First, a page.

@Masstika: Never is anything but pure water added to the stills. Most of these guys don't even know what patchouli and vetiver are; they just live and breathe agarwood. I asked around for blue lotus farms, and they didn't know what blue lotuses are; yet the only non-absolute blue lotus extracts are done in Thailand. No one from the agarwood producing folk here could guide me where to find lotus extracts.

The distillation units do get seasoned with the continual cookings, and some craftsmen never change the water. Others cleanse everything thoroughly. I side with the former.

Wood logs are only used in Assam; all the rest of hydro-distilling Southeast Asia uses gas. Due to the much higher temperatures, steam usually consumes more energy. Although I could be wrong.

I've decided to go hydro simply because the tweaks you can do to the scent are endless. From the still to the water to the soaking to the cooking, everything is modifiable. Sort of like driving a stick shift as opposed to automatic, where you just hit the gas.....

Ensar Oud

Well-Known Member
"As we mentioned in the recent posts, Ensar picked up a chunk of this tree when it was freshly harvested (which you can see at the end of one of the videos of the actual harvest), that smelled extremely fecal. In fact, Ensar and I were stuck with quite a dilemma that night in the hotel room. The smell simply became too intense, and quickly filled the entire room – it was as if we were stuck in a cheese factory. And this was already after we had put it in a zip-lock bag...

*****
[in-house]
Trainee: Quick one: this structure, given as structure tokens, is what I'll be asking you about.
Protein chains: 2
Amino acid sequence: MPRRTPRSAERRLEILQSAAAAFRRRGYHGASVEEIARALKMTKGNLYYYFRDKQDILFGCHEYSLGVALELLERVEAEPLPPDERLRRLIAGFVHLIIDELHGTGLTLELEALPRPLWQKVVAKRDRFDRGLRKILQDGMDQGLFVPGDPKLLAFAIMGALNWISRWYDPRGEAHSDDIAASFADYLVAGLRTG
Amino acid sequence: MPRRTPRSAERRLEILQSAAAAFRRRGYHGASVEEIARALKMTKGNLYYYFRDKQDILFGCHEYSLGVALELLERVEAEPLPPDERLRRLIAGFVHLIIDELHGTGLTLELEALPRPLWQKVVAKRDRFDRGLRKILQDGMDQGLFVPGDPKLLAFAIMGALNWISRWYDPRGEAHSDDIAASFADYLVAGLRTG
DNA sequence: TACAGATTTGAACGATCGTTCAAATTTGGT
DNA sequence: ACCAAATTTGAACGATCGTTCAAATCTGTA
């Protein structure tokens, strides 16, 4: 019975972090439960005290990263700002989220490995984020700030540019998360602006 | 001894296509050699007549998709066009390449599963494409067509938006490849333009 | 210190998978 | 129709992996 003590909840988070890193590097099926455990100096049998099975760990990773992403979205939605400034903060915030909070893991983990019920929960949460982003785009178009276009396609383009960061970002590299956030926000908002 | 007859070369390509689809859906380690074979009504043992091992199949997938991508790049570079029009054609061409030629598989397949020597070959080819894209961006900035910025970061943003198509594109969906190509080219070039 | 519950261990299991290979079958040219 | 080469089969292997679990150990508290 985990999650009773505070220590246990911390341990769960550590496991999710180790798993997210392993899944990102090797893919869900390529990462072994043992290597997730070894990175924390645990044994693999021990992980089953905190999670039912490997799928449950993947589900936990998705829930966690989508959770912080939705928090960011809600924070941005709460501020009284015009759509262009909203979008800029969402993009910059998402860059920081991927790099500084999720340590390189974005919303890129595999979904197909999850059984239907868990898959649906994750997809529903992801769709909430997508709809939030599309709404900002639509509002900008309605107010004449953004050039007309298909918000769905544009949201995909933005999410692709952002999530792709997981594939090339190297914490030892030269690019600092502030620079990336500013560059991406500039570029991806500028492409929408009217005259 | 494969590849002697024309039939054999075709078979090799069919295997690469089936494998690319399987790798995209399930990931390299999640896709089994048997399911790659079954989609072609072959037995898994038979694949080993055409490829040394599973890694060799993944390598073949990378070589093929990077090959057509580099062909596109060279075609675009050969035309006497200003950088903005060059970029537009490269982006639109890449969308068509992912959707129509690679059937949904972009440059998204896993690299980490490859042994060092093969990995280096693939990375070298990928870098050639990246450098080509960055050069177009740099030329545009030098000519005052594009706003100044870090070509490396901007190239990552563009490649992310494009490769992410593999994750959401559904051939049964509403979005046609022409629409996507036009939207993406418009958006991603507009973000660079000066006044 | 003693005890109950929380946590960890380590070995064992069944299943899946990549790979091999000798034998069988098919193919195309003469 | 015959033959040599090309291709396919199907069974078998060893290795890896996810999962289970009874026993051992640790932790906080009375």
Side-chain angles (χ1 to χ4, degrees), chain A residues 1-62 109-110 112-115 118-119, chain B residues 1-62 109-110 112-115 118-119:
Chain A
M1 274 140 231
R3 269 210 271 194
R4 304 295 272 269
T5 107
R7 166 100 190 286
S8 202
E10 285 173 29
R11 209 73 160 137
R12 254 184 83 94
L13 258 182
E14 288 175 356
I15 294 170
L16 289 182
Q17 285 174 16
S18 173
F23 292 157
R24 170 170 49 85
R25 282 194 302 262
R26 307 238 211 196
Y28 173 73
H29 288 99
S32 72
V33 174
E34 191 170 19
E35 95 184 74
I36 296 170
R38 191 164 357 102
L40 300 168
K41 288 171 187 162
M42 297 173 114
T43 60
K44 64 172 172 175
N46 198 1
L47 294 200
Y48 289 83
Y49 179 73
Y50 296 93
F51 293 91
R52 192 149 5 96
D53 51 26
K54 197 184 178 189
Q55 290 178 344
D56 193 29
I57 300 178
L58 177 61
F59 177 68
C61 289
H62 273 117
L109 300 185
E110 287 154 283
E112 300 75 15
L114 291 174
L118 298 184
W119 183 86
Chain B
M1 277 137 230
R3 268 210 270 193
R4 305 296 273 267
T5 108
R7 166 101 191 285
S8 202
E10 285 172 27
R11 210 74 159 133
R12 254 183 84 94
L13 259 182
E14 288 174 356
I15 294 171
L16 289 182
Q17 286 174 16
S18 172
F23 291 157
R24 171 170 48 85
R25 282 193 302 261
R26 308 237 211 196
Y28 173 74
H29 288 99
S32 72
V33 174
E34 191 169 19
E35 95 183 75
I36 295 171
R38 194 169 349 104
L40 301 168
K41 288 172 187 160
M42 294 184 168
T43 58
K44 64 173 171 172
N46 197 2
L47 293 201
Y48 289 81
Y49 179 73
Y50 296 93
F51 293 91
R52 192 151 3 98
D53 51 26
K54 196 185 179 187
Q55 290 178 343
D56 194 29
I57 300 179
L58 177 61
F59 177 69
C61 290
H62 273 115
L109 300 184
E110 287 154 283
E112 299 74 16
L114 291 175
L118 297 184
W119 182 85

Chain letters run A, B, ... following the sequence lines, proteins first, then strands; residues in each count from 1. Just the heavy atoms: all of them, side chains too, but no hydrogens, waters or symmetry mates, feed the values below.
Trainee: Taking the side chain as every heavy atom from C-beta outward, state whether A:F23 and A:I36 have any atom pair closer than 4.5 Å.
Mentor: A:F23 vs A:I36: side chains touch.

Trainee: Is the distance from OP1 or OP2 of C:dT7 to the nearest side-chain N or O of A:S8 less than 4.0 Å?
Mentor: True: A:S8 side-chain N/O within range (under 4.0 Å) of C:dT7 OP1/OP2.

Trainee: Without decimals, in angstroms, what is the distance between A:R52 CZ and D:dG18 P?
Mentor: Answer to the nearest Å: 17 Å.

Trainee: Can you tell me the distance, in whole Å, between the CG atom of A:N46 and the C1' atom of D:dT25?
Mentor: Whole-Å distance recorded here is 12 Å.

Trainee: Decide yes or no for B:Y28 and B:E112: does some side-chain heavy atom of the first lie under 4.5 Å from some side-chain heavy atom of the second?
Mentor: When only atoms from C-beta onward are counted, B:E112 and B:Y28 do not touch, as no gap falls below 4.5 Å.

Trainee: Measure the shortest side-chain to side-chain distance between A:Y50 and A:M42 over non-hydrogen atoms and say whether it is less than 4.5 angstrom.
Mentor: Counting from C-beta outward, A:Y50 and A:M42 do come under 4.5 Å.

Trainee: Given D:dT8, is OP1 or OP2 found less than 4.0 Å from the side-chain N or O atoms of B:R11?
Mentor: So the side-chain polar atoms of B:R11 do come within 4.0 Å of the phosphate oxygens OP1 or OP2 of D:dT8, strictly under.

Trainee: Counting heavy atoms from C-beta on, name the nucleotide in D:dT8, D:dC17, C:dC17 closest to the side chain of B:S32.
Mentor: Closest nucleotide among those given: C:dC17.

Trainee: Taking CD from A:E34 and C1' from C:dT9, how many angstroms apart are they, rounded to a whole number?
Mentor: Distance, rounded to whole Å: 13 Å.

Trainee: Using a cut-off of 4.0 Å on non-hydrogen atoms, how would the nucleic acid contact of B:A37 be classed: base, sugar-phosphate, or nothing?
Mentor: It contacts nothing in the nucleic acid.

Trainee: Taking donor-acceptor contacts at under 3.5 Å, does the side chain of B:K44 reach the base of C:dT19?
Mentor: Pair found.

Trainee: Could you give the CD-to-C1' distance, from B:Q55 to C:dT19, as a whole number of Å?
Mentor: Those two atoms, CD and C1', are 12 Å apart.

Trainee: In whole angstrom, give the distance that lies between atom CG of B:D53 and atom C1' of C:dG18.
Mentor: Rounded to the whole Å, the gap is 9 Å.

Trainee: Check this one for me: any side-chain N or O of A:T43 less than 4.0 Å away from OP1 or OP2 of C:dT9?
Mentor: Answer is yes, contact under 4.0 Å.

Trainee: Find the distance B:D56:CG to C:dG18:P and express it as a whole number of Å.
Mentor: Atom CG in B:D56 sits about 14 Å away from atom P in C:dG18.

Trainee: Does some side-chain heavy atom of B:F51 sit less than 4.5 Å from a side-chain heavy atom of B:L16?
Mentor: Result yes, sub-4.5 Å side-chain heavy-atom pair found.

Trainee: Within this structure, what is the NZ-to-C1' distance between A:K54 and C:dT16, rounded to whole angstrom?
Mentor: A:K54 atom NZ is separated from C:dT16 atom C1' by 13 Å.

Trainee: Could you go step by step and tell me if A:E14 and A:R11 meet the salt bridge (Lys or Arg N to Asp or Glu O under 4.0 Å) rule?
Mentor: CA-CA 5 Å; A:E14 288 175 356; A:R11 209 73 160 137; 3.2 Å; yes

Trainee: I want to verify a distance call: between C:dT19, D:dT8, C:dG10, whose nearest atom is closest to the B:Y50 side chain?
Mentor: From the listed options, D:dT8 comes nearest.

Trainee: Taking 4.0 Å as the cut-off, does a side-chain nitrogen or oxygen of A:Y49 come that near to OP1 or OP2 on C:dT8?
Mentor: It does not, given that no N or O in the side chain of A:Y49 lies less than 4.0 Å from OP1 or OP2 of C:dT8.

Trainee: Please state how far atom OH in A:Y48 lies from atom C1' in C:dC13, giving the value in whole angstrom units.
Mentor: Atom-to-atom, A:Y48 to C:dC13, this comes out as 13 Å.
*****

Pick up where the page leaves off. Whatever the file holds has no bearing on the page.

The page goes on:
But after the distillation, every aspect of that fecal aroma was transmuted into one scent category: Green. Yes, there are other oils that are green, but this one is ultra GREEN, with no trace of any barnyard whatsoever. While not as complex as Thai Encens 1 or as refined as Thai Encens 2, Crassna Cha outstrips both in its sheer sillage, vibrancy and crisp green character. It's more astringent than TE1 and more like tea, but at the same time possessing a clear incense note, due to the stainless steel distillation."




Ensar Oud

Well-Known Member
You're most welcome! I truly hope this kind of insider's look into the world of artisanal oud oil will change not only the way oud oil is produced, but also the way it is bought and sold. It is high time to give 'superlatives' a skip for more in-depth knowledge and hard facts on each oud oil that is made available to people for purchase.

In this way, I feel each custy of ours will get a more in-depth understanding of precisely how the oil she is holding in her hands came to be. Not only that, but at certain steps of the process we can ask for input, and have you call the shots on what you want done and how you want it done. You can pick the wood, the grinding method, the soak (if any), the soaking water (groundwater, rainwater, spring water, RO water), the soaking pot (ceramic, plastic, clay), the soak time, the pot (copper or stainless steel), the condenser (old school elbow length tube with no technology or state-of-the-art condenser with different pipe lengths, metals, etc), the cooking temperature, and so on.

I just think this is going to be a whole lot more fun than merely saying, "This is the sweetest, the rarest, the most floral, the friendliest..." and so forth, and slapping a price tag on each oil. Don't you agree? :)